After a long wait, the Pommerscher Greif has finally released its GreifX (also known as the Greif-Index from our previous coverage) database to the public. At first glance, the search function is quite intuitive. One can search for a person by birth, marriage, or death, and information about spouses and parents is readily available in the search results. By clicking on the entry, you can obtain more information about names in the register. Conveniently, the year and document number are present on both pages for easy reference with Metryki Genbaza.

Some entries appear both on the GreifX and the PTG searches. While there is some overlap, for the time being, it is my best suggestion to use both databases for your research in tandem. Search results do not always come up the same depending on the search word and if the phonetic search is enabled.

However, for more exhaustive search applications, one may need to get creative with how names are entered–especially for uncommon and often-misspelled surnames. Wildcard searching is enabled on the GreifX, and it is highly recommended that it is fully utilized. First name searches tend to be exact to the spelling. For a person named Caroline, one might search for %arolin%. This would cover Caroline, Carolina, Karoline, and Karolina all within one search.

One more advantage for the Pomeranian researcher is that parishes and civil registries are labeled by their German names, not the current Polish spellings. While the PTG lists all of the resources in Polish, for those more familiar with German villages in Pommern, less time will be wasted on additional searches to understand what the modern-day spelling equates to from the older German maps.

For more specific directions on how the database can be used, please read the Pommerscher Greif’s “Information to the Search Engine” which can be translated into any language through the Google Translate widget in the sidebar.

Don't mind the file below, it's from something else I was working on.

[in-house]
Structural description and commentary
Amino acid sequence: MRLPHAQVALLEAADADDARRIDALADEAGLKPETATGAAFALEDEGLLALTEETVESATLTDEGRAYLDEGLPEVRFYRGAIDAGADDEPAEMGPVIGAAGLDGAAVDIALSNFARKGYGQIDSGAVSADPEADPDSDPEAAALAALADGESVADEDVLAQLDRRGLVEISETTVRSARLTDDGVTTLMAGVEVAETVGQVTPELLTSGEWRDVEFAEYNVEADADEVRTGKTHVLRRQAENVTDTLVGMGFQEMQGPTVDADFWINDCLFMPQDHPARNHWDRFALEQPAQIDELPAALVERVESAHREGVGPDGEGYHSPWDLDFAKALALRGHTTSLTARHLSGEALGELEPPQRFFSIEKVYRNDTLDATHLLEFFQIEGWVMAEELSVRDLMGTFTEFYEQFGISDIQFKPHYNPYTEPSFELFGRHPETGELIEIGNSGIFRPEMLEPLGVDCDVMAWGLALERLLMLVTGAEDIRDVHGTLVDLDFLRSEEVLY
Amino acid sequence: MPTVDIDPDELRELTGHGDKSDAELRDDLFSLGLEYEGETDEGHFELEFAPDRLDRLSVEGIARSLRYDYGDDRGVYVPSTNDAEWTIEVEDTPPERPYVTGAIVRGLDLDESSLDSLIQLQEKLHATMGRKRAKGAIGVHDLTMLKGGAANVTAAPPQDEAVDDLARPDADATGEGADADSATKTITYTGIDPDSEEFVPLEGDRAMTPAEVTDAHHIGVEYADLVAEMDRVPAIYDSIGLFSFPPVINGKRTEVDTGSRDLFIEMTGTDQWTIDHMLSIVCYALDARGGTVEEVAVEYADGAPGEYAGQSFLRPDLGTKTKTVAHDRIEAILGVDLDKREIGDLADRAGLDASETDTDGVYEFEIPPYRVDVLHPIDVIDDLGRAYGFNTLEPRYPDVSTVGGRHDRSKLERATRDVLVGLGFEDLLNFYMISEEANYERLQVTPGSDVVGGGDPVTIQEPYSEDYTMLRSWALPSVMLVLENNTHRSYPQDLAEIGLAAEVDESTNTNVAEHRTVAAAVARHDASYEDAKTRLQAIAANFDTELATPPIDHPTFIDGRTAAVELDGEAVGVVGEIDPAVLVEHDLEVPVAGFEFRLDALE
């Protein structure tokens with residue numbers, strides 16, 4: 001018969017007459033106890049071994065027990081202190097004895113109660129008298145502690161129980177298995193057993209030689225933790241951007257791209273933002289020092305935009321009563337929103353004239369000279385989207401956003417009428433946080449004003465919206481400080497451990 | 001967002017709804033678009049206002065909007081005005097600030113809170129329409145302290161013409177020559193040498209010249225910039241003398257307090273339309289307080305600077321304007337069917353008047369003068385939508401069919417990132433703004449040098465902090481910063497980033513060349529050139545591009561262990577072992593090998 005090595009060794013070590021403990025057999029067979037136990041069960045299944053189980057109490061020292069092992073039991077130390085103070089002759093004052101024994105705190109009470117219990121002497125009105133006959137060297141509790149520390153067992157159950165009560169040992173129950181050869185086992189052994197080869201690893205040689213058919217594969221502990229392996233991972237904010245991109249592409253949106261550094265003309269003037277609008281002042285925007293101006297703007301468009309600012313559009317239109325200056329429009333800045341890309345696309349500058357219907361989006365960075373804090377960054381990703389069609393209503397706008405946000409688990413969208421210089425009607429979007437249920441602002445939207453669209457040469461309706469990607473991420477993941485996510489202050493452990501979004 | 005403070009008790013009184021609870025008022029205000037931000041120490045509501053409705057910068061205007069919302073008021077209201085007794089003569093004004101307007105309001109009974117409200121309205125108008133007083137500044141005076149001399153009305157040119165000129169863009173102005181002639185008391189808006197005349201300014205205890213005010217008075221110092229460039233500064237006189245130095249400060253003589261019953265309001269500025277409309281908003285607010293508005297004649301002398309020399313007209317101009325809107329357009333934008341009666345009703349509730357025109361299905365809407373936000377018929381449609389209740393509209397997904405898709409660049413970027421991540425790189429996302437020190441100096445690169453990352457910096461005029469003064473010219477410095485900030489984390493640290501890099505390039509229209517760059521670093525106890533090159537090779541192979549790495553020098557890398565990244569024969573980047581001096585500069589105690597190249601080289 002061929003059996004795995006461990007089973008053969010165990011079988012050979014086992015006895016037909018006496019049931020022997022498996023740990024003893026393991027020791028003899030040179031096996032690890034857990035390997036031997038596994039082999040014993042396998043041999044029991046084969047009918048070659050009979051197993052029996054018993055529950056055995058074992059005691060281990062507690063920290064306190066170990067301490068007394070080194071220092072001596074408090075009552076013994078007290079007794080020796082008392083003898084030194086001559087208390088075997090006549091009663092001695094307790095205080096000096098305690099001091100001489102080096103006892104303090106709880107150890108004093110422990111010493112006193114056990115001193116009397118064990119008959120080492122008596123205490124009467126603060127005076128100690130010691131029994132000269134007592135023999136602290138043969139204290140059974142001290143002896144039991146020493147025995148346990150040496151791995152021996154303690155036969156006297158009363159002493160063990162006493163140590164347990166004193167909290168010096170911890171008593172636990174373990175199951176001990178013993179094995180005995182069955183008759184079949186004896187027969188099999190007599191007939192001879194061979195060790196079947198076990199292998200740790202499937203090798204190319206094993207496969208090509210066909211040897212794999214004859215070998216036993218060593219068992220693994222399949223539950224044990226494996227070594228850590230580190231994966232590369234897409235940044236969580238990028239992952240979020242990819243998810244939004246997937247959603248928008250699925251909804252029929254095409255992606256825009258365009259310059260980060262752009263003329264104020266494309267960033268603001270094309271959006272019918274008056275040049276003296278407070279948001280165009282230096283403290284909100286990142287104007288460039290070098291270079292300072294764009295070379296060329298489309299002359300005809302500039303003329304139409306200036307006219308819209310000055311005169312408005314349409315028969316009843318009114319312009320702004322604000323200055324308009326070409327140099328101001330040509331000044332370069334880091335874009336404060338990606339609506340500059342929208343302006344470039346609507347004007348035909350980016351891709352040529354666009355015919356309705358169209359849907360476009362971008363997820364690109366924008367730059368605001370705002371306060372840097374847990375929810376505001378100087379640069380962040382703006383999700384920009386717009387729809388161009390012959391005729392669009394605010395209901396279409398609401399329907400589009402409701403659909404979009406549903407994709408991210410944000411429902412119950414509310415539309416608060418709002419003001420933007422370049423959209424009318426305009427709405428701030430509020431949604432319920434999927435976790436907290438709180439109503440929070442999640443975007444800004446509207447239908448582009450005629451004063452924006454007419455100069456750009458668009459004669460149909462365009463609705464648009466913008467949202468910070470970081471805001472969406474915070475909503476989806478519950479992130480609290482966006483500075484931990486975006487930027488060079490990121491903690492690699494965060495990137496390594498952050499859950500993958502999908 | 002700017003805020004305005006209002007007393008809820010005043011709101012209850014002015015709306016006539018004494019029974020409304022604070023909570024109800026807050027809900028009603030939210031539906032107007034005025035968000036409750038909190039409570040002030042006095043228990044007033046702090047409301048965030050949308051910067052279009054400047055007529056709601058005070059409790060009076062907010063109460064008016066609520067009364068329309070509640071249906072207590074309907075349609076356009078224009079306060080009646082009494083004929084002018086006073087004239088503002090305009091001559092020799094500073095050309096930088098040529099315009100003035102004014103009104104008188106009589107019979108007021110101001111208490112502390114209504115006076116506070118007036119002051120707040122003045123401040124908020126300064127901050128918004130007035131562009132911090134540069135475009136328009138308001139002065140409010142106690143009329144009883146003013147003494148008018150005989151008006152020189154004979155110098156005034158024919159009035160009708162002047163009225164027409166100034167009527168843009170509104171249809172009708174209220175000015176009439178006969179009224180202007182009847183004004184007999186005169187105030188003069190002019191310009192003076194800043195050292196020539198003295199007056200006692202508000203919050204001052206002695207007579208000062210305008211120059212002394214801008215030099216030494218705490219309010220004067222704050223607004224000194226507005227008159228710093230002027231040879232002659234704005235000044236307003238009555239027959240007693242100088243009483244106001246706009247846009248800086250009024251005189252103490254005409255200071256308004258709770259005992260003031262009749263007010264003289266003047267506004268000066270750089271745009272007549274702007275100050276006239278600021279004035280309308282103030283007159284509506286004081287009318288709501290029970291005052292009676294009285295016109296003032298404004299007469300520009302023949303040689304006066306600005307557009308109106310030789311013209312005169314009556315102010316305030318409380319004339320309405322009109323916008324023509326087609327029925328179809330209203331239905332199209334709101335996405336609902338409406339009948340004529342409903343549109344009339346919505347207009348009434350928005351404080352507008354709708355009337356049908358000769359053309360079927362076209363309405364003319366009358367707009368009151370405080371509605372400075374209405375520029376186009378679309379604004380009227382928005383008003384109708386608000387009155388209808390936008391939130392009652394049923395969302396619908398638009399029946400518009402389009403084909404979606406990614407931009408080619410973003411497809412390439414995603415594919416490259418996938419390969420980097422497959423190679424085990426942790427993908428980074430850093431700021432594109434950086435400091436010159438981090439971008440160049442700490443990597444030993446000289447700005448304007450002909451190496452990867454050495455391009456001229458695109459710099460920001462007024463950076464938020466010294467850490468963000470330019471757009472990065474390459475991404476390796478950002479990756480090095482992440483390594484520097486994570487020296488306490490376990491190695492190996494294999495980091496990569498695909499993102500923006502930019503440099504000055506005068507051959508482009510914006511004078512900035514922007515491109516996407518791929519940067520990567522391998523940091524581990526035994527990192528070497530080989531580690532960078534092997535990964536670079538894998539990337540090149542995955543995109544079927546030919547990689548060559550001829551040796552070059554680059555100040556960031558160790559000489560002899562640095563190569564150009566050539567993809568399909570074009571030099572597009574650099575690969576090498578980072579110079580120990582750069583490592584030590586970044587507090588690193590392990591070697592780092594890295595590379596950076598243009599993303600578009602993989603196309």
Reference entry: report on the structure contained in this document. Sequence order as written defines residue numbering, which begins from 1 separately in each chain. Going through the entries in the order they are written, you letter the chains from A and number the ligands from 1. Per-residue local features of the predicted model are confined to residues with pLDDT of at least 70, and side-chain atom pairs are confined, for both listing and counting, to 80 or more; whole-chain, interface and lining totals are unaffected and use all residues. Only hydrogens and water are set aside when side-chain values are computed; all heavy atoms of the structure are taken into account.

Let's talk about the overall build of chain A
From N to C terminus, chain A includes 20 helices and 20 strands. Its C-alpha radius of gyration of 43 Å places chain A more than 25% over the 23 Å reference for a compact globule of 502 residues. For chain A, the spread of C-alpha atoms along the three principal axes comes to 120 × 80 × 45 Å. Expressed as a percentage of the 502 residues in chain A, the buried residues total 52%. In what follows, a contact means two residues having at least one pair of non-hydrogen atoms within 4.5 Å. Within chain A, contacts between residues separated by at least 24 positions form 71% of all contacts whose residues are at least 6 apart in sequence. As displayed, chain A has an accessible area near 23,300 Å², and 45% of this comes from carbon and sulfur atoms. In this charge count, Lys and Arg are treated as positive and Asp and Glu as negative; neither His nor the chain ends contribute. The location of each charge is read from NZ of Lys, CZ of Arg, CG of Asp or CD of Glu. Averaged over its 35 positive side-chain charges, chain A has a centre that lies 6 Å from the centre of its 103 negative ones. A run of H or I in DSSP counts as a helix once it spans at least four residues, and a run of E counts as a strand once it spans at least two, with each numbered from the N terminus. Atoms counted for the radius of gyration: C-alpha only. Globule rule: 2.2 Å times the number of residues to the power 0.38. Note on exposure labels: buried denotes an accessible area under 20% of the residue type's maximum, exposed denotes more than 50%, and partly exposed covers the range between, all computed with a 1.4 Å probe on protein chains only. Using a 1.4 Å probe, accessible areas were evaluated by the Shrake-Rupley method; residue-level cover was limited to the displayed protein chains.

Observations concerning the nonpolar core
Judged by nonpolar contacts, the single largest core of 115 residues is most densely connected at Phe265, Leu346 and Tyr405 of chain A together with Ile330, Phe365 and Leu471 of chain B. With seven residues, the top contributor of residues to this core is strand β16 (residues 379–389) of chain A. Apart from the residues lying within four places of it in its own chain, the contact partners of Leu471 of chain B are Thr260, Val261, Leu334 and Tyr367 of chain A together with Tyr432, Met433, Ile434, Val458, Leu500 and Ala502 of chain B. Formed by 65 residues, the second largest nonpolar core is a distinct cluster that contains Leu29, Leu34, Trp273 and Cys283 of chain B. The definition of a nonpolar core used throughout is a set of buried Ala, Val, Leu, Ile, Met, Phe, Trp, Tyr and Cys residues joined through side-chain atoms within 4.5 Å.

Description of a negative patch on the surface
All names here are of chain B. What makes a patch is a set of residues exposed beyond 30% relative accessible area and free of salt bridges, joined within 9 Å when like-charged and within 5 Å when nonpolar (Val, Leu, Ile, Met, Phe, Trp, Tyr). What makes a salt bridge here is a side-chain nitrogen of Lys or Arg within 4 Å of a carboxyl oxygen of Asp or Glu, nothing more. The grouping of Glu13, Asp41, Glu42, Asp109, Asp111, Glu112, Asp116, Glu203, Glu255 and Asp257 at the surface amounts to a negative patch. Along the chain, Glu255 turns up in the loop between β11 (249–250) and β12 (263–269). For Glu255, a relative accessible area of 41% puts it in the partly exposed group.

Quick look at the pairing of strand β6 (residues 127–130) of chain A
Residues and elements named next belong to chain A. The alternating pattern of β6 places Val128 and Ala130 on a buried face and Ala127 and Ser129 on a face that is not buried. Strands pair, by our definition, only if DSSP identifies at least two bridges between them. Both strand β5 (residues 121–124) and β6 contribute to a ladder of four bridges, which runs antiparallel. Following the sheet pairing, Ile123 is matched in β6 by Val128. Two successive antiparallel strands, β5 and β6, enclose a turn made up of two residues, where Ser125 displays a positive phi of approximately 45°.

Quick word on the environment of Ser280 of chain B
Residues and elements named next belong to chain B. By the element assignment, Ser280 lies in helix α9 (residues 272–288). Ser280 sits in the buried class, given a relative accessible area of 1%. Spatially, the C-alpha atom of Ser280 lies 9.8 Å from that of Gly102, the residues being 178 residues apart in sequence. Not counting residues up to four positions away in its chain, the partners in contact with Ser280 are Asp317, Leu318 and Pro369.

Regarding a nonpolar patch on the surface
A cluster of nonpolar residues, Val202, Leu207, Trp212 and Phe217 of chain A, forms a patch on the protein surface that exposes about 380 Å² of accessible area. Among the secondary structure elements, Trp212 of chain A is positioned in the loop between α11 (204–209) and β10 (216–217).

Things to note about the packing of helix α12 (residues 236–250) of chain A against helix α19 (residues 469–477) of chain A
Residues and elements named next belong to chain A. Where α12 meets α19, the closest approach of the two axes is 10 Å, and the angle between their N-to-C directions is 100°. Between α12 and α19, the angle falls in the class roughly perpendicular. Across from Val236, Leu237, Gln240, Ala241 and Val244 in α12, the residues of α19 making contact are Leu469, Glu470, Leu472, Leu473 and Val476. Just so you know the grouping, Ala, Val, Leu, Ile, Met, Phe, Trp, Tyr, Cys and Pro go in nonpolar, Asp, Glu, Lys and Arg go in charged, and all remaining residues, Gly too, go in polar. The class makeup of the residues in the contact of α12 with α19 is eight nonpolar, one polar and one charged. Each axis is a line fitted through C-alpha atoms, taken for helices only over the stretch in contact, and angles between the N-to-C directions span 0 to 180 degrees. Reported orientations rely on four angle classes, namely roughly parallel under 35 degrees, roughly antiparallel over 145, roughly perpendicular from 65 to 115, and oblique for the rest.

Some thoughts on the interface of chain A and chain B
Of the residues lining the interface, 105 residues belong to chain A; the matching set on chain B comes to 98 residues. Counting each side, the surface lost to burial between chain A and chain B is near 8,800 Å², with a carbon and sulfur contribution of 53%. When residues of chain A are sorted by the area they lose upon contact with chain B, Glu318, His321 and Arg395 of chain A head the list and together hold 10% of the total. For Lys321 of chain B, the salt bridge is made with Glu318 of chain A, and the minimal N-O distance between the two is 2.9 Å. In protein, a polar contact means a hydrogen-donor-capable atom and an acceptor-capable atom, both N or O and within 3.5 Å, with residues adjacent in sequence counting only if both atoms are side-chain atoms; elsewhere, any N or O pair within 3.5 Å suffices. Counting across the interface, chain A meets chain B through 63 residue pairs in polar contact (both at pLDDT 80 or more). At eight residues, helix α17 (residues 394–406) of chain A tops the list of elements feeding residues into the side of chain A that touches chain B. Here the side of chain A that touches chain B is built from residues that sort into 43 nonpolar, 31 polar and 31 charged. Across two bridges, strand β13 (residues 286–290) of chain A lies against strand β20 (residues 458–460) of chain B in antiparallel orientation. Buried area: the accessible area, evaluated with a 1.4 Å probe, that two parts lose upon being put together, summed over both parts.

Most helpfully, the Pommerscher Greif has also included an overview of its indexed resources and a map to where each is located in present-day Poland (Germany for anything west of the Oder River). These are organized by Kreis. This page needs no translation, and for the beginner:

  • Geburten = births
  • Heiraten = marriages
  • Sterbe = deaths

To stay up-to-date with the latest additions to the database, please see check back with the “Letzte Aktualisierungen GreifX.”

On a final note, not all registry offices are included. One may volunteer their time to help index other parishes and registry offices for the Pommerscher Greif. The database is free to access, which will hopefully one day supersede the capabilities provided by Ancestry as a combined search for those interested in their family’s Pomeranian heritage.

For more reading on this subject, please see Danilo Beiersdorf’s official release statement on the Pommerscher Greif’s website.

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